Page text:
Tanya Boike, who was at Willie Nelson’s performance at the Houston rodeo days before the major event shut down due to the pandemic, and nurse Monica Cabazos started making the masks to help their community, and have reportedly distributed more than 500 masks.

Boike, who is friends with Nelson’s granddaughter Noelle Ward, offered a few of the masks to her family, including Willie Nelson.

The auction for the masks is set for April 25, and the funds from the auction will go to helping Boike and Cabazos sew more masks to give out.

An opera company troupe is keeping busy recording ‘singing telegrams’ for health care workers, hospital patients and seniors

Opera houses and theaters might be shut down, but The Atlanta Opera is not staying quiet.

They are putting their “show must go on” attitude to good use by gathering their ensemble to help others during the pandemic.

Instead of receiving standing ovations from theater crowds, performers are now providing operas for one by recording special “Singing Telegrams” for those in need.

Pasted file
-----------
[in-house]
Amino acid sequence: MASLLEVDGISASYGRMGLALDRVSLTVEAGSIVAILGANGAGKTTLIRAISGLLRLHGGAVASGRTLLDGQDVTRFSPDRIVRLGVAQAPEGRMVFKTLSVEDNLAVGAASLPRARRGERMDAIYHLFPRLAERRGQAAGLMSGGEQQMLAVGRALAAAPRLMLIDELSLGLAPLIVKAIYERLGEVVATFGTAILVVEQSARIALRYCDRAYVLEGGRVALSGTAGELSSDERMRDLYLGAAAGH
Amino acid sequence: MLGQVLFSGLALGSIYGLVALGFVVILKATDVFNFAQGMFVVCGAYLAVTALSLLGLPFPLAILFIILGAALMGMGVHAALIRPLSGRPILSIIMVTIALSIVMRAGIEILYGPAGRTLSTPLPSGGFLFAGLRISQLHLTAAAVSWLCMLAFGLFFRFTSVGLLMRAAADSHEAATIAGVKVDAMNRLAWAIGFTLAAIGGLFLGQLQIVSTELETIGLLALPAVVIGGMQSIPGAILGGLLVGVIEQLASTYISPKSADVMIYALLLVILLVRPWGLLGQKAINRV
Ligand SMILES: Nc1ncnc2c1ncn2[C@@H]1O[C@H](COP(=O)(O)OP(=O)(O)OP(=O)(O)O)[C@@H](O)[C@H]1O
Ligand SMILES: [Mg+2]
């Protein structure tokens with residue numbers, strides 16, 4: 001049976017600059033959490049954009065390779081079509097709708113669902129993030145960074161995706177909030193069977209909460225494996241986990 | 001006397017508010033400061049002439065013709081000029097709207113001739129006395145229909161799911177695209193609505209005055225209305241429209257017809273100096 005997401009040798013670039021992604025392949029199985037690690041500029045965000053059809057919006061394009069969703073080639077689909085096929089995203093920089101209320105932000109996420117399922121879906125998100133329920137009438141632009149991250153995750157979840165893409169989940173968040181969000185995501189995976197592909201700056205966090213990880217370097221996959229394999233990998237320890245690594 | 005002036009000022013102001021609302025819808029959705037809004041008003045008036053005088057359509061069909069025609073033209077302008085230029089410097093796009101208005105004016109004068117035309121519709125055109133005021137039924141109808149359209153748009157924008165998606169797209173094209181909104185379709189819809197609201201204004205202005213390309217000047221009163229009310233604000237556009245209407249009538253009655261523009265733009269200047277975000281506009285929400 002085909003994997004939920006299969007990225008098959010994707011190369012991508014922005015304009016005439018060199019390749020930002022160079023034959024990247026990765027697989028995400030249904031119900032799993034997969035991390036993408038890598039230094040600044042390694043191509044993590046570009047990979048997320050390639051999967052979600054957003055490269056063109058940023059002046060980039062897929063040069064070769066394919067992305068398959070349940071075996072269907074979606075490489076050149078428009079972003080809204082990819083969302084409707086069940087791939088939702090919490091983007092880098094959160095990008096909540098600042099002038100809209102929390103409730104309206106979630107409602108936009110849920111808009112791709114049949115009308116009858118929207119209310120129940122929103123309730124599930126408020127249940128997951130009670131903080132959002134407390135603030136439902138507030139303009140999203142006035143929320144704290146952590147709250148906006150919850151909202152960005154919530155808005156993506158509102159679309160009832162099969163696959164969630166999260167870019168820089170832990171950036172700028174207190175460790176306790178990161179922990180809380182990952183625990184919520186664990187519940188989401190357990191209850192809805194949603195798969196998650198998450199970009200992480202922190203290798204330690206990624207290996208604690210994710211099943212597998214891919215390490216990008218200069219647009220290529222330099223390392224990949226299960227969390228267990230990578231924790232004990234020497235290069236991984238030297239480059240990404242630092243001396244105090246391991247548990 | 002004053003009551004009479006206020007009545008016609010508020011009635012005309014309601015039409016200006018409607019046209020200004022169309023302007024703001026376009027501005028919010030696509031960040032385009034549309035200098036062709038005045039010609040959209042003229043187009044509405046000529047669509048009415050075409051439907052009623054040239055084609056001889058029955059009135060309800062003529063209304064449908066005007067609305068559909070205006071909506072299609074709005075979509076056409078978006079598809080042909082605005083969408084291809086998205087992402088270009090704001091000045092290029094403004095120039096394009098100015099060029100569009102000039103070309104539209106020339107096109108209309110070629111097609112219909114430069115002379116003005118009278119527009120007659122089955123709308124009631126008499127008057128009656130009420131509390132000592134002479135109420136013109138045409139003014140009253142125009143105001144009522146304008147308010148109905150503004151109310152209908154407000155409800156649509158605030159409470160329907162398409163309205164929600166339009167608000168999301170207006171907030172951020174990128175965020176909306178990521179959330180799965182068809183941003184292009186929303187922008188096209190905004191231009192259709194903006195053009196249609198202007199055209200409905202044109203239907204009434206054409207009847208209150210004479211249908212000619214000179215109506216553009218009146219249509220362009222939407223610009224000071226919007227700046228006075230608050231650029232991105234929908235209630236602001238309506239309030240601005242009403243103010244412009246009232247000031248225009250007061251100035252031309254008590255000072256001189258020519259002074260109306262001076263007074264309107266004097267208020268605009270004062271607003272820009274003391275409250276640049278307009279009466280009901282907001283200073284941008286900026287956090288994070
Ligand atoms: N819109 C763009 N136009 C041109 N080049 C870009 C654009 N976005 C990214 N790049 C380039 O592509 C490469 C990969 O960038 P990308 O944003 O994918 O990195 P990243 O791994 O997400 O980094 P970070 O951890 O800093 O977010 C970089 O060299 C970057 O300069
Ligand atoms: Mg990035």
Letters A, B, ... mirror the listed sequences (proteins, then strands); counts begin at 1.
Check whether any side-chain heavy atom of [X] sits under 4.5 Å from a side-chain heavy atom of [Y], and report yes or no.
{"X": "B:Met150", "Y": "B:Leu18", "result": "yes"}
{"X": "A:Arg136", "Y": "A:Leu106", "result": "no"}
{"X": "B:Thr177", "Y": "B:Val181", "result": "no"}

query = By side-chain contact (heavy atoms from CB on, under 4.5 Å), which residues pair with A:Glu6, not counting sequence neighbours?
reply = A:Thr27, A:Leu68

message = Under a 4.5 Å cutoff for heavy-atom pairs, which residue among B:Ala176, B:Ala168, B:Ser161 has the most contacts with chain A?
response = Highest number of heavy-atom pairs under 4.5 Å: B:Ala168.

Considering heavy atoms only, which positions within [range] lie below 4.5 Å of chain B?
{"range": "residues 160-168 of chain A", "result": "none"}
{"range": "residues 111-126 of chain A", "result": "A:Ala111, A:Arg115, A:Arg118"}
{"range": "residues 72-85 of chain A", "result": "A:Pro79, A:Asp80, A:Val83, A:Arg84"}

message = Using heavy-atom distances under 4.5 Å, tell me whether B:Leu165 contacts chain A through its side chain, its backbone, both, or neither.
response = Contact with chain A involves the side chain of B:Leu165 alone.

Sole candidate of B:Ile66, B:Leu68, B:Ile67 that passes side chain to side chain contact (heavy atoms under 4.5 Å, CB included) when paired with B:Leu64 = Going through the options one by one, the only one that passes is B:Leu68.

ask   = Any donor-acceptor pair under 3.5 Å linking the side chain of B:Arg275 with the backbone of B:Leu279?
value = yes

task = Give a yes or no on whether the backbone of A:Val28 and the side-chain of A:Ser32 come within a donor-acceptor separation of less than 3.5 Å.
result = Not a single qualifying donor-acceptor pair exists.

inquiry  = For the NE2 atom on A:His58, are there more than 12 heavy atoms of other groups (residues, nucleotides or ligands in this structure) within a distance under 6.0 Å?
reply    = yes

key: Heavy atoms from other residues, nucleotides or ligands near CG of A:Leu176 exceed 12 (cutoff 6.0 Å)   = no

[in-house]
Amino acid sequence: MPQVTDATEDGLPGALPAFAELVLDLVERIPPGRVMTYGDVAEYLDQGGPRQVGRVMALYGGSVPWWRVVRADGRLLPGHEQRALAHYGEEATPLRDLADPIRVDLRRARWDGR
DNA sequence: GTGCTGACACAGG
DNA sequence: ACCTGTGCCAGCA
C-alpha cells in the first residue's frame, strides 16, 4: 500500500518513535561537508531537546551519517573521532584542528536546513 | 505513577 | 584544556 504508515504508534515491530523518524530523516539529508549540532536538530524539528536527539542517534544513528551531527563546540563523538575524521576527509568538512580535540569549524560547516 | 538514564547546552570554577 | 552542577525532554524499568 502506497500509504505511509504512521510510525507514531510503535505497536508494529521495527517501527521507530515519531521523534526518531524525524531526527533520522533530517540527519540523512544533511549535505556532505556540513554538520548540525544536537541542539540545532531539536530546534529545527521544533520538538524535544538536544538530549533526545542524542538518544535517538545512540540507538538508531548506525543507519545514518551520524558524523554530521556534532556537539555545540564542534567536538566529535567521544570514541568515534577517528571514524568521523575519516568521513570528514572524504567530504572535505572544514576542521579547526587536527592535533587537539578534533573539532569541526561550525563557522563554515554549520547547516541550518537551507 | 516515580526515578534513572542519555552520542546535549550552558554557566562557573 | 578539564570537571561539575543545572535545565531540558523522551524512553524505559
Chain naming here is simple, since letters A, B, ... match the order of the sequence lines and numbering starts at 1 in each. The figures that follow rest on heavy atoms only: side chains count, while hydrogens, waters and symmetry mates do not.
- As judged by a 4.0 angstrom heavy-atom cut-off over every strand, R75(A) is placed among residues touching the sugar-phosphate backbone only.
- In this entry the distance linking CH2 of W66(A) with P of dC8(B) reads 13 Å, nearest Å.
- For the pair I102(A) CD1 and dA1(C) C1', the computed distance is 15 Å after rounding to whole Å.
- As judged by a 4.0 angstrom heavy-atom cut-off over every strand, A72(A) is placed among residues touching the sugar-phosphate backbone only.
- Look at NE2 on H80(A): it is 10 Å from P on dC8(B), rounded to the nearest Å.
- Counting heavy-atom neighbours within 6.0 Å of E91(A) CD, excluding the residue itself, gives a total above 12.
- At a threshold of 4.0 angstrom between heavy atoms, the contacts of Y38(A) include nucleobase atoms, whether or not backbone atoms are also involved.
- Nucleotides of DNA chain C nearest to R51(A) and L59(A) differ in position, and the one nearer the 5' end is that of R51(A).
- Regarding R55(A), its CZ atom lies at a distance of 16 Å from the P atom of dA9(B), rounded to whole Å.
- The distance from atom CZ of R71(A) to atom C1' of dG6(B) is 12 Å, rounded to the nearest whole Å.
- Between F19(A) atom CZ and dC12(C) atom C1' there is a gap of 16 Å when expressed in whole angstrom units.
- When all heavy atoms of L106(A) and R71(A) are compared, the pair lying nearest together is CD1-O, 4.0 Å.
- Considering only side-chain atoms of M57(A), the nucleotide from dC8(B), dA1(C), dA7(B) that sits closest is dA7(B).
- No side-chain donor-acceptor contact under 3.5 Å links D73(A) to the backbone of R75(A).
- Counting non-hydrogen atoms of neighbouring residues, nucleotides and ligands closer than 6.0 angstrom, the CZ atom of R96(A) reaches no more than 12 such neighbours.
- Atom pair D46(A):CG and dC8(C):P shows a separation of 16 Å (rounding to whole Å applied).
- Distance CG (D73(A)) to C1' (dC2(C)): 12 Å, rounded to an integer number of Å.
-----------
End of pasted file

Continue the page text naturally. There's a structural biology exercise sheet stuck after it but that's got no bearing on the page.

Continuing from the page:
Members of The Atlanta Opera Chorus and The Atlanta Opera Studio are recording these “Singing Telegrams” for those in senior living facilities, health care workers, hospital patients or anyone in need of emotional support.

Performers are singing their favorite songs, performing their favorite pieces of music and are hoping to be able to take requests soon.

What You Can Do to Keep Yourself and Your Family Healthy

  • Take everyday preventive actions to stay healthy.
  • Avoid close contact with people who are sick.
  • Avoid touching your eyes, nose, and mouth.
  • Stay home when you are sick.
  • Cover your cough or sneeze with a tissue, then throw the tissue in the trash.
  • Clean and disinfect frequently touched objects and surfaces using a regular household cleaning spray or wipe.
  • Wash your hands often with soap and water for at least 20 seconds.
  • Follow public health advice regarding school closures, avoiding crowds and other social distancing measures.